Fitness, focus, frustration: Life in lockdown for Europe’s footballers

FILE – FC Copenhagen’s players cheer their fans at the end of the UEFA Europa league last 32 first leg football match between Basaksehir and FC Copenhagen on March 12, 2020 at the Basaksehir Fatih Terim stadium in Istanbul. (Photo by STRINGER / AFP)

Juventus midfielder Sami Khedira is learning to play the piano, La Liga clubs are facing off on PlayStation and Atalanta’s Robin Gosens has been revising for exams in psychology.

Yet as thousands of footballers, from the highest levels to the lower leagues, remain on lockdown while coronavirus spreads across Europe, all of them are tasked with keeping themselves fit, as well as entertained.

“Everyone needs to be ready so that when the health advice says resume, we can resume straight away,” Emmanuel Orhant, medical director of the French Football Federation (FFF), told AFP.

Nobody knows when that will be and with the global death toll from coronavirus passing 13,000 on Saturday, there is little appetite yet even to address the question.

But within football, the absence of a deadline only enhances the sense of urgency. In theory, the season could restart in a matter of weeks and clubs are determined to be ready.

“Players may even need to get their summer break in now,” Brighton striker Glenn Murray told AFP. “We might finish the 2019/20 season and then roll into 2020/21 without any break at all.” Asked if the players would accept that scenario, Murray said: “We don’t have any choice.”

It means fitness coaches and club doctors are creating week-to-week conditioning programs, personalized for individual players, explained through Whatsapp and Skype, and dependent on both technology and trust.

“Every one of our players has been given the guidance they need from our coaches, nutritionists and doctors,” Real Betis head of medical Jose Manuel Alvarez told

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Ryan Araña spends birthday sharing food to COVID-19 frontliners

MANILA, Philippines—Rain or Shine guard Ryan Araña made sure to share his blessings to those in need at the most opportune time.

Araña celebrated his 35th birthday on Monday by preparing food which he personally gave to frontliners and the homeless during the coronavirus disease (COVID-19) pandemic.

“This is how I celebrated my birthday. Instead of having a party, I planned on making it more meaningful by celebrating with our heroes in the streets. Thank you to our frontliners, security guards, policemen etc. It was a simple act yet seeing their big smiles made it fulfilling,” Araña, a two-time PBA champion, posted on his Instagram.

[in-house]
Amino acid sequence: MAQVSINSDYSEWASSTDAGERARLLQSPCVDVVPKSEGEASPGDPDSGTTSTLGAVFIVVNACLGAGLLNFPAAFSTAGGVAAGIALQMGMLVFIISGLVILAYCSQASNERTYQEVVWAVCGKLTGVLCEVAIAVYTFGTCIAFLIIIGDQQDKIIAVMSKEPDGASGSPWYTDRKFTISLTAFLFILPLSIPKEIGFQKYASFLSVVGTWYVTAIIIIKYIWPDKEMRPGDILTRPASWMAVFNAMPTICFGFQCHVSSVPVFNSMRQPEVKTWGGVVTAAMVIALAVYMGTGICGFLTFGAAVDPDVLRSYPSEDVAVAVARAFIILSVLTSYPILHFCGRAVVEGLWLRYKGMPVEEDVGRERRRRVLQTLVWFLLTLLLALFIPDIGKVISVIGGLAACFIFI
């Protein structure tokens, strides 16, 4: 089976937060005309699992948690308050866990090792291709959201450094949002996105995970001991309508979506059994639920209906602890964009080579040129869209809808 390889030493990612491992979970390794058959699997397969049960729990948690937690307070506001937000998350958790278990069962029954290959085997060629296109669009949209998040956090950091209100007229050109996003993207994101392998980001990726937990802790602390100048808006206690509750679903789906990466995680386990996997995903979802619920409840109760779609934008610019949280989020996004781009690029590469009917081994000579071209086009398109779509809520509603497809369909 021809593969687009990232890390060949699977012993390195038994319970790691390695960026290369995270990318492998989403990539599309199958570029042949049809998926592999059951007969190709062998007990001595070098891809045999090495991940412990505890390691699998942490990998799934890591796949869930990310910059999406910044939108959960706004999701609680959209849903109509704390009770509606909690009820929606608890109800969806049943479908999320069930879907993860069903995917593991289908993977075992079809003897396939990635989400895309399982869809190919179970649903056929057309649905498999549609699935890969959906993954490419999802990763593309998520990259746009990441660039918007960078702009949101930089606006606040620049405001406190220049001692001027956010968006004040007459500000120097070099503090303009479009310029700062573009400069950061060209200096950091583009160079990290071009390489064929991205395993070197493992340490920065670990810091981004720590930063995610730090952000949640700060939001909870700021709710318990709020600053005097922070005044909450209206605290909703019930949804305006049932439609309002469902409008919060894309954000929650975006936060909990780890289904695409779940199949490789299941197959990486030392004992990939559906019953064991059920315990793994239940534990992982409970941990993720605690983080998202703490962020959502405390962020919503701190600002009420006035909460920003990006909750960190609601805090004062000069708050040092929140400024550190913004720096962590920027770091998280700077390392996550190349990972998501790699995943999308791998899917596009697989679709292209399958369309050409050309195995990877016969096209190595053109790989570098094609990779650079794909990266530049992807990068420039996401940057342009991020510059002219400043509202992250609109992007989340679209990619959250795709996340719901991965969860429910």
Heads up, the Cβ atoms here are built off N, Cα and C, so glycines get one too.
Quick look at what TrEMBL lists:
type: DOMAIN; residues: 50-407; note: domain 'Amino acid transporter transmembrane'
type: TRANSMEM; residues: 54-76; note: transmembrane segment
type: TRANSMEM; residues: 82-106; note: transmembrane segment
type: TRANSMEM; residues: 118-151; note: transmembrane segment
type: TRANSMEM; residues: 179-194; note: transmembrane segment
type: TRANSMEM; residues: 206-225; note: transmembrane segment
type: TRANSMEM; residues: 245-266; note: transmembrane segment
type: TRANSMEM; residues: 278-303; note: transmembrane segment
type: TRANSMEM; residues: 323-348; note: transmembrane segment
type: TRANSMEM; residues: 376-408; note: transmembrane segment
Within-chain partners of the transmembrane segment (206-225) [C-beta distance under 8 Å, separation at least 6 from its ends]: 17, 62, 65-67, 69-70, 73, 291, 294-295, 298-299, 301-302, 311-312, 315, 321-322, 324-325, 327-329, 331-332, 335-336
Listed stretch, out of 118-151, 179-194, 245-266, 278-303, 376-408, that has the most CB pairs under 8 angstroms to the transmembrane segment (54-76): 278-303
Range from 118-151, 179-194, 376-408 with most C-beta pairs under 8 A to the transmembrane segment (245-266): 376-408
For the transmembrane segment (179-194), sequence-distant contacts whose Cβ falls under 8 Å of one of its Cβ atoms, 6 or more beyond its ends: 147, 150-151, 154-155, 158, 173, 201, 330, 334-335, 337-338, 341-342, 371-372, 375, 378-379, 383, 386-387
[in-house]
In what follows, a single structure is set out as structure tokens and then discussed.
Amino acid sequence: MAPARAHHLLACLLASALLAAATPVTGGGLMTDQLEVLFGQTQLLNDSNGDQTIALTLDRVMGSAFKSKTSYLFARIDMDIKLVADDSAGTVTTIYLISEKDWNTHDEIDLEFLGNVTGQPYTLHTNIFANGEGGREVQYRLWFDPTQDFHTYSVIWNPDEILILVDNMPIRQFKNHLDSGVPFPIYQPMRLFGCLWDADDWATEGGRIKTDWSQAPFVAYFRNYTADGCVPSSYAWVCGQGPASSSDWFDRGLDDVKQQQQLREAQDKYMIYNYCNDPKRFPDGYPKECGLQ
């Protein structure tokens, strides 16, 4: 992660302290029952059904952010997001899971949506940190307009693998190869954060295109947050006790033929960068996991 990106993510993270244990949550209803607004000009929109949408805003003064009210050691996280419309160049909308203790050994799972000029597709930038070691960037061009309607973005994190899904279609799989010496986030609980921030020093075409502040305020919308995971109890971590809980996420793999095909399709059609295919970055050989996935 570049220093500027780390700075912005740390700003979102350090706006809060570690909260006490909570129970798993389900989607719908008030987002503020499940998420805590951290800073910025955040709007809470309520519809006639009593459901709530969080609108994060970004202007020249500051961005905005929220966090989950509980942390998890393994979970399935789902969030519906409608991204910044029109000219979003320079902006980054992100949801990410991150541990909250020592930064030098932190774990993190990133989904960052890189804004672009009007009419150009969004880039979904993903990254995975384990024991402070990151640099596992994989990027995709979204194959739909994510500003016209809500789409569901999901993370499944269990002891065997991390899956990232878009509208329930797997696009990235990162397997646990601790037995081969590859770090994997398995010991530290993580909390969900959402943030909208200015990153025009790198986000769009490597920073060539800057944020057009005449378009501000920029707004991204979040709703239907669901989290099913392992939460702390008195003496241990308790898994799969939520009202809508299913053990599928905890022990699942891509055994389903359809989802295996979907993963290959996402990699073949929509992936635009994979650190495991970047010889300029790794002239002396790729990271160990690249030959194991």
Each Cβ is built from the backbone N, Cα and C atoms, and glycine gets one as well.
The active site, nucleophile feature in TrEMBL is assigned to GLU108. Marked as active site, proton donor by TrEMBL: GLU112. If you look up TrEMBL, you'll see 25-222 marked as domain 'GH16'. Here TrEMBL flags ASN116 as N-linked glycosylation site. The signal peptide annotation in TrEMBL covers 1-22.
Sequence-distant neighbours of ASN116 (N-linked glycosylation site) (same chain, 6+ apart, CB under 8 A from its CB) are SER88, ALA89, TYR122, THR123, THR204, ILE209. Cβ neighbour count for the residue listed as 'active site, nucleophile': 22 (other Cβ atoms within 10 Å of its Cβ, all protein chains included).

“I hope we can spread kindness and positivity especially at a time like this. Special thanks to all the people here at home who helped me with all the preparations.”

Just two months ago, Araña signed a contract to return to the Elasto Painters, the team that made him the 12th overall pick in the 2007 PBA Draft.

The veteran guard played his first eight seasons with Rain or Shine before having stints with San Miguel Beer, Kia and NorthPort.

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Love, travel and serendipity merge in heady dating show

(First of two parts)

Tony Zarsky

We initially had doubts when we were asked to check out TLC’s 10-episode, 30-minute reality dating show “Travel for Love,” a “social experiment” that sends five romantic hopefuls across Southeast Asia as they attempt to make meaningful connections with three local strangers on blind dates.

After all, there are way too many TV programs these days that bank on the “randomness” and “frivolity” of their participants’ meetups just to draw viewers’ attention—the most recent being Netflix’s intoxicating binge, “Love is Blind.” However, their viewability quickly dissipates as soon as the novelty overstays its welcome.

But, the elements thrown into “Travel for Love’s” heady mix of romance, travel and culture are too tantalizing to resist. Just by watching the first episode of the show, we were instantly drawn to the “influencers” chosen for its match-making trial run because their individual issues and concerns are often relatable and hit close to home. They aren’t just aspirational tales far removed from the Asian reality.

From the Philippines, there’s hopeless-romantic island girl Samantha del Carmen, who wants her dates to get along with her parents and five other siblings. That’s a very Pinoy trait! Sam will meet her matches in Kuala Lumpur, Malaysia.

Mariska Setiawan

Honey Khanum

Polish-Korean pretty boy Anthony Zarsky, who just moved from New York City to Singapore, is flown to Da Lat, a scenic mountain town frequented by honeymooners in southern Vietnam, to go on dates outside his usual preference of Korean girls. Despite his good looks and striking personality, he says even he wonders why he has remained single all these years.

Also tasked to “date out of her comfort zone” is free-spirited musician-artist Mariska Setiawan of Jakarta who has been single for a year. She travels to the remote jungles of Sarawak

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